My objective in this course is to focus attention on important areas of contemporary environmental study. Students choose from one to three Topics depending on the number of academic credits to be earned. After choosing a Topic, students study materials and online resources presented for each Canvas Topic.

Finally, students are directed to write a two-page (minimum) single-spaced essay as directed. Students are directed to write technically correct assignments in good English. Students may choose to submit a draft paper first to seek advice and suggestions before submitting their final paper.

Students respond to the requirements set forth for each Topic - one Topic for each academic credit. One 'Works Cited' section is required for each essay.  Each 'Works Cited' section must reference three or more literature and/or online bibliographic citations. 

Submit your work and wait for my response before submitting a subsequent assignment. Remember to write your papers carefully and edit each one before submission. They should be written in proper English and reflect good composition including sensible paragraphs and correct spelling. Papers reflecting superficial examination of a subject or sloppy writing will be marked down or returned to be rewritten. 


Students have a choice of selecting a letter grade (A-F) or a pass/no pass grade for this course. Academic credit is earned as follows: one credit for each approved and graded assignment. Western students can only use pass/no pass grading in elective courses. Your overall course grade will be based on papers you have submitted and I have graded. I will take into account the progress you have made in this course. There are no tests or final exam.

Your instructor prefers assigning letter grades: A, A-, B+, B, B-, C+, C, or F. You most likely will never see a grade below C, as poorly written or poorly conceived papers are generally returned to you with comments on how to improve. A letter grade of C- or better is required to pass this course. However, if you choose the pass/no pass option your papers will be graded S or U for satisfactory or unsatisfactory work.      


Only one assignment may be submitted at a time. Please wait until I comment on or grade an assignment before you write a submit a subsequent one. ALWAYS make a copy of your work BEFORE submitting it. If lessons are lost, it is far easier to re-submit a copy than to rewrite an entire assignment. All assignments must be completed in order to receive credit for the course.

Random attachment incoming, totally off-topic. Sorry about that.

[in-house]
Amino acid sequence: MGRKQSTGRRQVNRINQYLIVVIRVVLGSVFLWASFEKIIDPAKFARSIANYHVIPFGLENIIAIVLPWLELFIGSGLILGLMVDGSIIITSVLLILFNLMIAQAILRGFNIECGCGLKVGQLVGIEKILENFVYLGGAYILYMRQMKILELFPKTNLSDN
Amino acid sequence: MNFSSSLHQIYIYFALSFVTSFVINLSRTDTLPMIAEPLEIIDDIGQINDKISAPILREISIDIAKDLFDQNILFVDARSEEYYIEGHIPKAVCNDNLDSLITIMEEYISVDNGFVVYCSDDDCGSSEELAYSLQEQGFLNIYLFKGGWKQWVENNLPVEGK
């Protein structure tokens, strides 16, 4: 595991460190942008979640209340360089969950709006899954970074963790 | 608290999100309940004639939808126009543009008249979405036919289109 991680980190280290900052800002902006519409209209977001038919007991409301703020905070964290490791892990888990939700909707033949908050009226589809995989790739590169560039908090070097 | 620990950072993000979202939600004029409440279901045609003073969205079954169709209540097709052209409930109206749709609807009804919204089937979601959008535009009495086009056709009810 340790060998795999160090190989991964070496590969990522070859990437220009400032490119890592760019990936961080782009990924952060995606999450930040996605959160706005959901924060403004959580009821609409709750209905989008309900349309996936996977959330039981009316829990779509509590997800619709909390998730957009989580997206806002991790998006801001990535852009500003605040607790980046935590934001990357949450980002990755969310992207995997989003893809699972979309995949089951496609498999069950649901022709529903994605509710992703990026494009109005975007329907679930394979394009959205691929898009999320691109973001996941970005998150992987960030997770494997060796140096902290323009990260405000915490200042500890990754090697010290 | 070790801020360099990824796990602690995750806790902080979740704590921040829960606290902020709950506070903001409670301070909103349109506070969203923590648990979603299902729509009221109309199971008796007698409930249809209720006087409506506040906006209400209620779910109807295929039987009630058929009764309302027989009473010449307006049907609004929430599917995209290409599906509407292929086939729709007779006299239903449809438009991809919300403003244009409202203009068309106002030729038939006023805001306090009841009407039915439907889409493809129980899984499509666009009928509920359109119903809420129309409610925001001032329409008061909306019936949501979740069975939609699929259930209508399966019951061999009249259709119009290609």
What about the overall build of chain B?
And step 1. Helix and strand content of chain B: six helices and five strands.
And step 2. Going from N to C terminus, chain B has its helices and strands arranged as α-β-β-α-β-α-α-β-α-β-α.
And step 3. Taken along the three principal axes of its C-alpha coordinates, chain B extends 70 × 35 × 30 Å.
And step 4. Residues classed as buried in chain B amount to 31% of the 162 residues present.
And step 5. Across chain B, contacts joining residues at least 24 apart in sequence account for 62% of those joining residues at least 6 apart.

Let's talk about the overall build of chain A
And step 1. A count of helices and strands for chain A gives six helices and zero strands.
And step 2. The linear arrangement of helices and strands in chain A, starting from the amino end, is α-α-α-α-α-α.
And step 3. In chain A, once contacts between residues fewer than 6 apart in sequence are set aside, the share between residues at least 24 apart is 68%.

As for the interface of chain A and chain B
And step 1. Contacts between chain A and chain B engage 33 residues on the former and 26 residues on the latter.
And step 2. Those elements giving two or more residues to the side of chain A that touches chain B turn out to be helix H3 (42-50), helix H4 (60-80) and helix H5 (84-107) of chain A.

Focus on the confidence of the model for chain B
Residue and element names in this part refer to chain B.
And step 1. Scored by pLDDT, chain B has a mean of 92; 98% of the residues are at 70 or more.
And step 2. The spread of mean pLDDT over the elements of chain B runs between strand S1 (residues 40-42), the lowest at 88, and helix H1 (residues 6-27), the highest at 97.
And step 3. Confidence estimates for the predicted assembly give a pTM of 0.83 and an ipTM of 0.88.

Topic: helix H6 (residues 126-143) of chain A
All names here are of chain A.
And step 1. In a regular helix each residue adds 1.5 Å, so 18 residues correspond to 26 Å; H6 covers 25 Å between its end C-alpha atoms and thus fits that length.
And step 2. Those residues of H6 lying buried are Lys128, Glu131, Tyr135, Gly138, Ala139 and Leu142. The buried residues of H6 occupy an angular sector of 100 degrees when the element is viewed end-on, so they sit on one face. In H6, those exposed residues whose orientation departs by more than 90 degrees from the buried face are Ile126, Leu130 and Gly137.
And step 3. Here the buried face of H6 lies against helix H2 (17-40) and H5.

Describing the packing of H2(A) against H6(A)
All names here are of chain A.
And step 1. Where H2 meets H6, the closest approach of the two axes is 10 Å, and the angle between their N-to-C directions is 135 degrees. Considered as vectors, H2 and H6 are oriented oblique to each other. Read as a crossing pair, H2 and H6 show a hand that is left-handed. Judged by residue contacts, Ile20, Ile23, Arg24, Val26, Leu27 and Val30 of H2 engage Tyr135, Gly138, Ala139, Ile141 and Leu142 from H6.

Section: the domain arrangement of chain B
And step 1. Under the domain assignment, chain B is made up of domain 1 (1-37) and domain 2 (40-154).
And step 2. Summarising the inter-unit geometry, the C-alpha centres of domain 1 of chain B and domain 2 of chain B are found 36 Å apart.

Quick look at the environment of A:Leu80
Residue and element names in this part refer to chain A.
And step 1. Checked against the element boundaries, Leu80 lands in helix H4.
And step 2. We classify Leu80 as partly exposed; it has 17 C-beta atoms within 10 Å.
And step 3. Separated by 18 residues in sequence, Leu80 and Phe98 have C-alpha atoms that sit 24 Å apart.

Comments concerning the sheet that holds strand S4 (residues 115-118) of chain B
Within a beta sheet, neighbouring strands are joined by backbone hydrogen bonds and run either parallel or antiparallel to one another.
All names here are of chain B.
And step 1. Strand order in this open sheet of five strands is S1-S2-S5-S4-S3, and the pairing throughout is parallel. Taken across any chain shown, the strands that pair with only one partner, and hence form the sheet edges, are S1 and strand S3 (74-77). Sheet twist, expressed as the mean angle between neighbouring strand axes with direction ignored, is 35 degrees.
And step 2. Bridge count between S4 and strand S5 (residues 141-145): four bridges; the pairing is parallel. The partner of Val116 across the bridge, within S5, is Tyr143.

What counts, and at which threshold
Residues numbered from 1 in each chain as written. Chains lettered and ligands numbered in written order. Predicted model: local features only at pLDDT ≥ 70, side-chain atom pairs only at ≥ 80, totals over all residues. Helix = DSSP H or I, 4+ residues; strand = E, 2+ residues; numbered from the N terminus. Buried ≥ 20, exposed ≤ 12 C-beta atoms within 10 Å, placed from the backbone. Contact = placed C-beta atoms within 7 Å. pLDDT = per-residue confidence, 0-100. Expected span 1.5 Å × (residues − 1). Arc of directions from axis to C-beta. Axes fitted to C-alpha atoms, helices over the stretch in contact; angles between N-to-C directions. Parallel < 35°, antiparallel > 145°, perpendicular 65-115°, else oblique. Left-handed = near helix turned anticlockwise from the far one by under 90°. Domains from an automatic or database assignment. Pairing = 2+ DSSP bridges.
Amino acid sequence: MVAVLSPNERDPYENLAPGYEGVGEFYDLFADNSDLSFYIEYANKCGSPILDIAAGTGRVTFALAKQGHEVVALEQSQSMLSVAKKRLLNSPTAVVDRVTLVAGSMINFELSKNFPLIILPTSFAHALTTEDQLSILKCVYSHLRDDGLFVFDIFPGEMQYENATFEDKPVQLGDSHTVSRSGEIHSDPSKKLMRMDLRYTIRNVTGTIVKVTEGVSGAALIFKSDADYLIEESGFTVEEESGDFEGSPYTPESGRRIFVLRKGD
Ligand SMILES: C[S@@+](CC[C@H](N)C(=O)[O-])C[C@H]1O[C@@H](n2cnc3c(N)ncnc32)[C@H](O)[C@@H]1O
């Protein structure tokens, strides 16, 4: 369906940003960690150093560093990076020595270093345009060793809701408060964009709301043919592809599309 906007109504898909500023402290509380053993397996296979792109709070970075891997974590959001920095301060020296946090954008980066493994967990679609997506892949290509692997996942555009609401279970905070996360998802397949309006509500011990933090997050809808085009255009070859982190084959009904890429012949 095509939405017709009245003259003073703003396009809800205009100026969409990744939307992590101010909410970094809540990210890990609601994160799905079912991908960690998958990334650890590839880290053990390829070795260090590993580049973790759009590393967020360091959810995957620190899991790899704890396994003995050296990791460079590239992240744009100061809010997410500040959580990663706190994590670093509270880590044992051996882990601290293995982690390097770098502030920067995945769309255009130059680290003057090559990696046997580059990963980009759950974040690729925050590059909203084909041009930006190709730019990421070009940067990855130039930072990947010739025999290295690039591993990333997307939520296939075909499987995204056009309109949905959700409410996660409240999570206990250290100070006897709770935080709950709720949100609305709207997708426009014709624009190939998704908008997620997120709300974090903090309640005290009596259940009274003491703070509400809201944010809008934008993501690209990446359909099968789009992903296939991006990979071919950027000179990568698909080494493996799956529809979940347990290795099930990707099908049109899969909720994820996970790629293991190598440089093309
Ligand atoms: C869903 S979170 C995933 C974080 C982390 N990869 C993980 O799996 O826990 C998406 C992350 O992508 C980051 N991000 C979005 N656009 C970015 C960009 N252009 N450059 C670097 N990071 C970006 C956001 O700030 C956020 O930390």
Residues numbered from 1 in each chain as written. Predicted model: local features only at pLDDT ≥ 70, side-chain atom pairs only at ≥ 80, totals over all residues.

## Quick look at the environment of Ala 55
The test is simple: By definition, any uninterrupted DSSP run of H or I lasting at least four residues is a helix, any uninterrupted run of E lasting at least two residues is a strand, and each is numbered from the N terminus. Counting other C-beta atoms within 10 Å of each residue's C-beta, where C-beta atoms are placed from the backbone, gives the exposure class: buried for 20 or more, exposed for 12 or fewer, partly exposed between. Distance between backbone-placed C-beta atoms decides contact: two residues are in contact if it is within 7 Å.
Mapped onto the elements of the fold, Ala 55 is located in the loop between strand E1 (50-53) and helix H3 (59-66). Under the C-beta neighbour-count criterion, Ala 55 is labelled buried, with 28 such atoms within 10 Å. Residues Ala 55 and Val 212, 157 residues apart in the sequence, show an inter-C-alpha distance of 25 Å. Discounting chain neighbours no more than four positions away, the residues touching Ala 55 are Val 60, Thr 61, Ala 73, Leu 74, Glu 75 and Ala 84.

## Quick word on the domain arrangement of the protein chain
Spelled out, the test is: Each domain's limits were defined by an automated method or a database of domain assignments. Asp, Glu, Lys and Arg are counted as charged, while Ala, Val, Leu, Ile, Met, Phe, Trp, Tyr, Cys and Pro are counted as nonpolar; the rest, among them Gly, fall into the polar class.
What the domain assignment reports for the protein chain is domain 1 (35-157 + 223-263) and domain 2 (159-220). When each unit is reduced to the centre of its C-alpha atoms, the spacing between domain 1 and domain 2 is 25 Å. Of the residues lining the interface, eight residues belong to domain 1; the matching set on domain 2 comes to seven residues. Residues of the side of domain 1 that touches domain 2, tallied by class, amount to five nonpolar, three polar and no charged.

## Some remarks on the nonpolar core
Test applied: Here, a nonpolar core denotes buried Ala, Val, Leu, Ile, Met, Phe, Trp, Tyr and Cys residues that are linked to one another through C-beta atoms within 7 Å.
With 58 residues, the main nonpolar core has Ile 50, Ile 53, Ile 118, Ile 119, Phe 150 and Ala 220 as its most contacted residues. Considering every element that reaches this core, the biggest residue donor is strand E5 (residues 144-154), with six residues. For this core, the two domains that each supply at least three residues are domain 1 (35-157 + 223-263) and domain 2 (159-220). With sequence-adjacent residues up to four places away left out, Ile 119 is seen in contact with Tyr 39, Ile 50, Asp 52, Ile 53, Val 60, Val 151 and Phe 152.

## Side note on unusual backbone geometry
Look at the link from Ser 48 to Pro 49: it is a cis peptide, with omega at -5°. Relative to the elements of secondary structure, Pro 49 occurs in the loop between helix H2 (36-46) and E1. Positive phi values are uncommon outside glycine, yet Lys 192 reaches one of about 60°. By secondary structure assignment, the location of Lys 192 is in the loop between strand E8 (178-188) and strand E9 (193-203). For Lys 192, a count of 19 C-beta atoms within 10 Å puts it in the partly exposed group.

Time Considerations (a message from the Western Online office) - Start your reading right away and keep on a schedule. Organize your time so that you pace your work out over 10 or 12 weeks, just like a regular academic quarter. Treat your Self-paced course as the serious learning experience that it is. True learning takes time: time for reading, time for processing new information, time for reflection. When students get into trouble in a Self-paced course it is most often when they try to rush through a large part of the work at the end of the quarter or right before their own deadline.

Remember that grading takes time and our instructors have other classes and students. The instructor cannot be expected to grade assignments immediately because you have a deadline.


Dr. Mayer will be happy to answer any questions or provide assistance to help you with this course. Feel free to contact him by e-mail at the following address:


Dr. Mayer holds a B.S. degree in Chemistry from Union College in Schenectady, N.Y., an M.A. degree from Columbia University in New York City, and a Ph.D. from Yale University. He has worked as a research chemist in the pharmaceutical industry (Sterling Drug Company), as a science administrator with the National Science Foundation in Washington, D.C., as an Environmental Research Center Director at State University of New York, as Dean of Huxley College at Western, and as a teacher and writer at Western, where he was the recipient of the Excellence in Teaching award. He retired from Western in 1999 but remains active in the teaching field. His special interests include renewable energy, water chemistry, groundwater quality, drinking water issues, pesticide transport, and the fate of organic chemicals in the environment.